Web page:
said, he was anxious to take this opportunity of stating, that he concurred with those who were urging on Ministers some improvement of the present system. It appeared to him that the right hon. Baronet (the Chancellor of the Exchequer) had raised up a great many giants for the purpose of overthrowing them, for he found nothing in the Resolution about a competitive or literary examination. What they must get rid of was the system of patronage which the hon. and learned Gentleman complained of—solicitations by private Members of Parliament in favour of those for whom they were interested. An hon. Baronet opposite (Sir Stafford Northcote) had alluded to a pledge, said to have been taken by a noble Lord on that side of the House (Lord Goderich), to the effect that his shadow should never again darken the doors of the office of the right hon. Gentleman the Member for Wells (Mr. Hayter). For his (Mr. Wilkinson's) part, it was not necessary for him to take that pledge, because he could say with truth, that his shadow never had darkened the doors of the right hon. Gentleman's office; still, everybody knew that this practice did extensively prevail, and it was very desirable that it should be abolished. That was an object which he hoped to see attained, and the best way of arriving at it was, by the adoption of the hon. and learned Gentleman's Resolution, which would not go to the abolition of the Order in Council. He was sure the Government were sincere in saying, that their only wish was to carry out this reform, and he wished to express his opinion of the necessity for their so doing.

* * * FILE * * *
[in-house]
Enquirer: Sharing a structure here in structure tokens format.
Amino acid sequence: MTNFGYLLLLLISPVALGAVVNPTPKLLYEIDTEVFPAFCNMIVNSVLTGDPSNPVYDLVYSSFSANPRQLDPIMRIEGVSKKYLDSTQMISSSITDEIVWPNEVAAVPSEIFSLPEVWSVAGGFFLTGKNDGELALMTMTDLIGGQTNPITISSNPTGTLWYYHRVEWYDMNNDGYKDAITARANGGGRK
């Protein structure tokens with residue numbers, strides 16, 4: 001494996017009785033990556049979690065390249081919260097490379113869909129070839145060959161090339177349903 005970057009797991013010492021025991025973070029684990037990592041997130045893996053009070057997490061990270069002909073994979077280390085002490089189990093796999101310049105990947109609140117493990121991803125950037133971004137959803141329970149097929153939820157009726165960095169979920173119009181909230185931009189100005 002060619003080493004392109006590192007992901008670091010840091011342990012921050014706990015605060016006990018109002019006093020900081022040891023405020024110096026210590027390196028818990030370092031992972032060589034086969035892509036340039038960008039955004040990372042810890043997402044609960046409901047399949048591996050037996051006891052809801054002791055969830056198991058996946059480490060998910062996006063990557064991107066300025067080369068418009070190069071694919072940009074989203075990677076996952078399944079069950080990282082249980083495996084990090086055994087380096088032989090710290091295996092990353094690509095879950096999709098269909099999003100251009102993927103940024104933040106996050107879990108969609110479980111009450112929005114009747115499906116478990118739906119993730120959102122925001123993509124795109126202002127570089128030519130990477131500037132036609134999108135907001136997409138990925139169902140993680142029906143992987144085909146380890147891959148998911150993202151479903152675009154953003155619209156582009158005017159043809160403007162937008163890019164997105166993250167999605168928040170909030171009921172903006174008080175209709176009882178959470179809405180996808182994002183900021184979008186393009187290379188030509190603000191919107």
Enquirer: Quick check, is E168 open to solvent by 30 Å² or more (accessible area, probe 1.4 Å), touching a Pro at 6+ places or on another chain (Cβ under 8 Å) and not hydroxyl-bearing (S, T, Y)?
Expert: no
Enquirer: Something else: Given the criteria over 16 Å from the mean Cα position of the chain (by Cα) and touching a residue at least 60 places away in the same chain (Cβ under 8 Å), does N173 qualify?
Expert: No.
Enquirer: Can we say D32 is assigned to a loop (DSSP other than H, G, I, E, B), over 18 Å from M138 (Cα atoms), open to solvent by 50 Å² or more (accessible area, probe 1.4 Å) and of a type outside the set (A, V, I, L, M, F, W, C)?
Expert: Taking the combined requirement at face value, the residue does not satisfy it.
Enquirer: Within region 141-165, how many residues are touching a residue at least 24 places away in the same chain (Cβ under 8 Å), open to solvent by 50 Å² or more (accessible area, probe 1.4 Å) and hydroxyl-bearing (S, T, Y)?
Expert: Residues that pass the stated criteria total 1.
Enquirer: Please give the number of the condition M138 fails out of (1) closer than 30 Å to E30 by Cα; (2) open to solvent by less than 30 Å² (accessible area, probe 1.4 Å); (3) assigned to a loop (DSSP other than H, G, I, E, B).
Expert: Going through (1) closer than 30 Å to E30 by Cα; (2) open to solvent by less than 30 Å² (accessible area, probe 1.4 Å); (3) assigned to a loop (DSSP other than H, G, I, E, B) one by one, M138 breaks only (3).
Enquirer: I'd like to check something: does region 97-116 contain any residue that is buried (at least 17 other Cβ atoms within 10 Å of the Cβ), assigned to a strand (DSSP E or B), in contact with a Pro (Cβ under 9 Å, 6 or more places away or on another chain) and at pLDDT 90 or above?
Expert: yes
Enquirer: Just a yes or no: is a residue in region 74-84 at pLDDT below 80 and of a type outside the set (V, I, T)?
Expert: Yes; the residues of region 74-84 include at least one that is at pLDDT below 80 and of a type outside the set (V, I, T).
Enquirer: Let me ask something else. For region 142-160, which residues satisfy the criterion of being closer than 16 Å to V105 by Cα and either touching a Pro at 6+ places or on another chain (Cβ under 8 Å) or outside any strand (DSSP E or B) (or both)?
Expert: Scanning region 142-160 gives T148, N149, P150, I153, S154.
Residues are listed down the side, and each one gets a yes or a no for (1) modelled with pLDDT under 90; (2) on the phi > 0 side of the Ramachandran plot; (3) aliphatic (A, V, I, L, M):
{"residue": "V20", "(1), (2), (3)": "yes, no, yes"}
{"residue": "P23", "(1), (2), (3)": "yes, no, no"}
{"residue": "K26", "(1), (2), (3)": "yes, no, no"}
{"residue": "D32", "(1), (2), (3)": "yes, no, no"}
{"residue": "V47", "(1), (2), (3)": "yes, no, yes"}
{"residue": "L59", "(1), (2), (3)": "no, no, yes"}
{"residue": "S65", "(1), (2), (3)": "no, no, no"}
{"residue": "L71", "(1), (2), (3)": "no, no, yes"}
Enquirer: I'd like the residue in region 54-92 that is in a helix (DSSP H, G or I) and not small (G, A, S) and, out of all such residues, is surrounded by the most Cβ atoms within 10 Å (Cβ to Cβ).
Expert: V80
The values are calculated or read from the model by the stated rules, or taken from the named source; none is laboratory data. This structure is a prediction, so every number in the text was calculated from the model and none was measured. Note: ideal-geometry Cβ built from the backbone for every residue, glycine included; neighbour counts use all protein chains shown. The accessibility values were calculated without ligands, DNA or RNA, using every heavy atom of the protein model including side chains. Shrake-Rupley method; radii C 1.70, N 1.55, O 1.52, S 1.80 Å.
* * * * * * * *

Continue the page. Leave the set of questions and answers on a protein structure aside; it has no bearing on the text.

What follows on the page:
said, that the Resolution proposed, as the bases of appointment to the civil service, superior qualification and merit—than which none more free from objection could be pointed out; but he could very well conceive that the Government did not desire to see established any system that could interfere with their patronage; for patronage might be very convenient for a Government at times, more especially for those who now sat on those benches. He had heard it said, that Government could not exist without patronage; but he thought that a Government which could not exist on its own intrinsic merits should not exist at all. The noble Lord at the head of the Government and the Chancellor of the Exchequer had both said they desired administrative reform; but when he found them opposing a Motion which took, at least, one step in that direction, he could arrive at no other conclusion than that it was a mere matter of policy and not of honest conviction, which made them agree to the Resolution brought forward by the hon. Member for Hertfordshire (Sir E. B. Lytton), and that they had no real intention of carrying out practically measures of administrative reform. He would support the present Motion as a step in the right direction, for he believed that we should not have administrative reform till we had the abolition of all patronage in the junior appointments in the civil service. Having offered these remarks, perhaps the House would allow him to allude to some matters personal to himself that occurred in a debate which had that evening been referred to, and which had no indistinct bearing on the question now before the House. It had been stated in that House and elsewhere, that he was a teller of "virulent untruths," and he hoped he should be permitted to occupy their attention for a short time while he referred to those charges, at least, which had been made against him in that House. He hoped that the charge which had fallen from the hon. and right hon. lips which preferred it had been uttered in a hasty moment, and therefore he should pass it over without resentful comment: but he wished to allude to certain statements made by the First Lord of the Admiralty (Sir Charles Wood), in correction of others which he (Mr. Lindsay) had made, involving points which it concerned his character for veracity to clear up. He had stated that 3,000 horses which were to be sent to the Crimea, could not be sent there for lack of transport—and it was said, in reply, that the number was not 3,000, but 2,810; the statement he had made, therefore, was not a "virulent untruth," but was substantially founded on fact. He further stated, at the same time, that offers of tonnage at low rates had been made to the Government, and that they were pitched into the waste basket. The answer was, that military officers did not like sailing vessels. But other Governments had sent out horses in sailing vessels with less loss than the British Government had incurred by sending out horses in steamships. Had the offer to which he had alluded not been pitched into the waste basket, the Government might have hired a magnificent fleet of sailing vessels at a cost to the country of 96,000 l., while the cost of the steam fleet which had been engaged was 300,000 l.; so that the transport of horses by steamships instead of sailing vessels had entailed upon the country an expenditure of 204,000 l. He had further stated that a ship named the European had been offered to the British Government, but had not been engaged, on account of the frivolous conditions to which the owner was required to submit. The answer to this statement was, that the European was refused by the Government because she had not sufficient height between decks. Now, the height required by the Admiralty was seven feet six inches, and the height of the European between decks was seven feet six inches and a half; while the height of the Oneida, the vessel engaged by the Government at Greenock, was only seven feet four inches. He had also stated that a ship which was offered to the Government had been ordered to come round from the Clyde to Deptford or Liverpool for survey, but that the owners declined to agree to such condition until they were aware whether the ship was to be accepted or not. Now, that ship was ordered to proceed either to London or Liverpool, not to be fitted, as the right hon. Baronet had attempted to mystify the House by suggesting, but to be surveyed. The owner could have had no objection to send the ship to either port to be fitted, and he said, "Send down surveyors to see that the ship will suit you, and I will send her round either to Deptford or Liverpool to be fitted." He (Mr. Lindsay) had said that it would have cost the owners 400l. to send the ship round to either of those ports, but he had been informed by the owners themselves that the cost would have been 1,000l. It had been stated, that he had an interest in some of the vessels to which he had referred; but the owners of those ships said, "Neither Mr. Lindsay nor Mr. Gladstone has been, directly or indirectly, connected with the two steamers named, nor does the former give directions concerning them, or interfere in any possible way with their management." The next statement he had made, to which exception had been taken, was, that a ship had been sent from London to the Tyne for twelve tons of iron tanks or cylinders, and it was said that the real weight was fifty tons. On a former occasion he had produced an order from the First Lord of the Admiralty, ordering a valuable ship to proceed to the Tyne to take on board twelve tons of iron tanks or cylinders, and whether the weight actually to be taken on board was twelve tons or fifty tons was a matter which might be settled between the late and present First Lords of the Admiralty. He (Mr. Lindsay) certainly thought the most businesslike course would have been to convey those cylinders to Deptford, and to send them thence to their destination at the first convenient opportunity. In reply to his statement, it was said that the owner of the ship in question could not have made any strong remonstrance against the order of the Government, and the First Lord of the Admiralty (Sir C. Wood) read an extract from a letter he had received from the owner; but he (Mr. Lindsay) would ask whether there had been no personal and verbal remonstrances on the subject? If not, why did the last First Lord of the Admiralty insist that the ship Robert Lowe should proceed to the Tyne? He (Mr. Lindsay) had stated that a ship had been ordered to Woolwich to have her engines inspected. It so happened that the captain who was at the time in charge of the ship was now in England, and, chancing to have read the former debate, wrote to him (Mr. Lindsay), saying that he could fully confirm the statement he had made. [The hon. Member here read an extract from an affidavit made by the captain, embodying passages from his log, stating that, contradictory orders having been given, the ship was detained eight days in order that her engines might be inspected, the cost of the detention to the country, calculated at the rate at which she was engaged, being from 600 l. to 800 l. The captain complained of the contradictory orders he had received, mentioning that one day he was directed to take on board 200 tons of coals, the next day he was ordered to discharge them, and on the following day to retain on board as much as might be necessary for the working of the ship. The captain also referred to the conflicting orders he had received from different departments with regard to the shipment of guns, he having been ordered on one day to take on board certain guns, while on the next day he was directed to send them on shore.] This was not a document got up for the occasion, but consisted of entries made in the log at the time. The right hon. Gentleman (Sir C. Wood) said, that, although the Tynemouth, which was sent on this fool's errand to Woolwich, was under repairs, she had been reported by Mr. Gladstone as ready to go to sea the next day, while her engines were not in a fit state to take the vessel down the river. It appeared, however, from a letter from the captain, that the machinery of the ship was not out of order, beyond "a few odds and ends to be put to rights, which all engines required," and that the vessel would be ready to proceed to sea as soon as the stores were on board. He might state, in reply to the right hon. Baronet's assertion, that the last shipment of Government stores was made at two o'clock in the afternoon, those stores consisting of cases containing clothes for the troops, and that the vessel proceeded to sea the same day at a quarter before three o'clock. It hardly became the right hon. Baronet, as a Minister of the Crown, to read garbled extracts in support of his case. Now, with respect to the next point, he had stated elsewhere that the returns ordered by the House were not correct. In January last he moved for a return of the quantity of stores sent to the East, and also a return of the number of transports employed, the price paid, and the work performed, &c. He had said that these returns were not correct, and that he questioned whether there were any books from which they could make a return; and he thought that the fact that they took five months to make them, was conclusive on that latter point. When the returns were laid upon the table of the House, it was proved that they did not contain a single item of commissariat stores. It was not for him to say that he wanted to know what those stores were; the House wanted to know, and that was sufficient. At all events, the return was not such a one as was ordered. As to the transports, he stated that the return was incorrect, and he pointed out one ship, the Tynemouth. What mattered it what the ship was so long as it was a ship respecting which he had the best information? He showed that the return, so far as it affected that ship, was incorrect in every column. The right hon. Gentleman stated that he had taken the wrong dates. No such thing, for he was far too cautious to state that which he was not prepared to prove. He took the same dates as were referred to in the return laid on the table—namely, the 10th of June and the 18th of December. In the period of time which elapsed between those dates, the return stated that the ship had made twelve voyages; he said it had made twenty-one voyages; every column was wrong, and if, as respected that ship, every column was wrong, he had a right to assume that the return was incorrect as respected the other vessels. He had now disposed of each of the principal points, but there were some other points of a delicate nature which he would refer to, because they affected the management of his own business as a merchant. The right hon. Gentleman must have had a weak case, indeed, when he attacked him in his private capacity of a merchant. The best answer he could give to that, was to refer to what he was when he commenced life, and what he now was. The manner in which he progressed would prove whether he had managed his business well or otherwise; but the right hon. Baronet was not justified in inquiring into his private affairs in the way in which he had. The right hon. Baronet spoke of certain ships which belonged to him being condemned as unseaworthy. Now, it happened that two emigrant ships were built in advance of the age; and who said they were unseaworthy? The Government. It was at their order that the Swarthmore was recalled. That ship belonged to a highly respectable firm at Liverpool, and it was recalled at a loss to the owners of 8,000l., because it was said by those whom the right hon. Gentleman employed that she was unsteady, and would topple over. She never did topple over, although, since that time, she had sailed 10,000 miles in all weathers. It was true that upon her last voyage, when she was coming home, and after she had sailed 8,000 miles in all weathers, she encountered a hurricane that dismasted her, and she had put into Tahiti. There was nothing strange in that; many a ship, in such a hurricane, would have gone to the bottom of the sea. She was only obliged to put into Tahiti for repairs, and now the right hon. Baronet said, "Here is a ship for you!" He (Mr. Lindsay) maintained that that ship was a new and a superior one; she was now in this country, and he asked any gentleman competent to form an opinion upon a ship to go and inspect her. The best answer he could give to the prejudices of the Government surveyors, who always retarded progress, was, that there had been more than 100 ships built upon the same lines, and they were the fastest ships that sailed on the ocean, and none of them had toppled over. He would not go back three years and rake up a particular ship, but would refer back three months, and tell the right hon. Gentleman of a ship that did topple over. It was a Government ship, and she toppled over as soon as she came into the hands of the Government, because the Government injudiciously altered her. That ship was the Perseverance, and the following was the information he had obtained about her:—Her Majesty's ship Perseverance was originally built for the Peninsular and Oriental Company, as a fast mail and passenger packet, with flush deck. Official folly added poop and forecastle. The "Official Establishment of the Navy" gave her the masts, yards, and anchors of a 74-gun ship, without regard to her form, build, or capabilities. Hence the natural consequences—she upset in dock at Woolwich, the masts and yards smashing in the roof and wall of the new sawmills, while the hull broke and otherwise displaced the solid granite blocks of the dock, altogether involving repairs far exceeding her present or original value. She was sent away to Sheerness, and the masts of a 28-gun frigate substituted. The directors of the Peninsular and Oriental Company were then appealed to, who appointed officers and men to equip her for sea; but official routine so baffled every attempt or suggestion of the experienced captain appointed that she yet retained the anchors suitable for a 74—aggregate weight some thirteen tons, contract value 900l.—instead of anchors of an improved construction, half the weight only, and 300l. value, such as were supplied to the Himalaya, nearly double her tonnage. The Admiralty, or "established anchor of the navy," be it remembered, had been condemned by a committee of naval officers and civilians (who were appointed by the Admiralty) as the least efficient of seven other improved plans submitted to them. He referred to that because he happened to be on the Committee.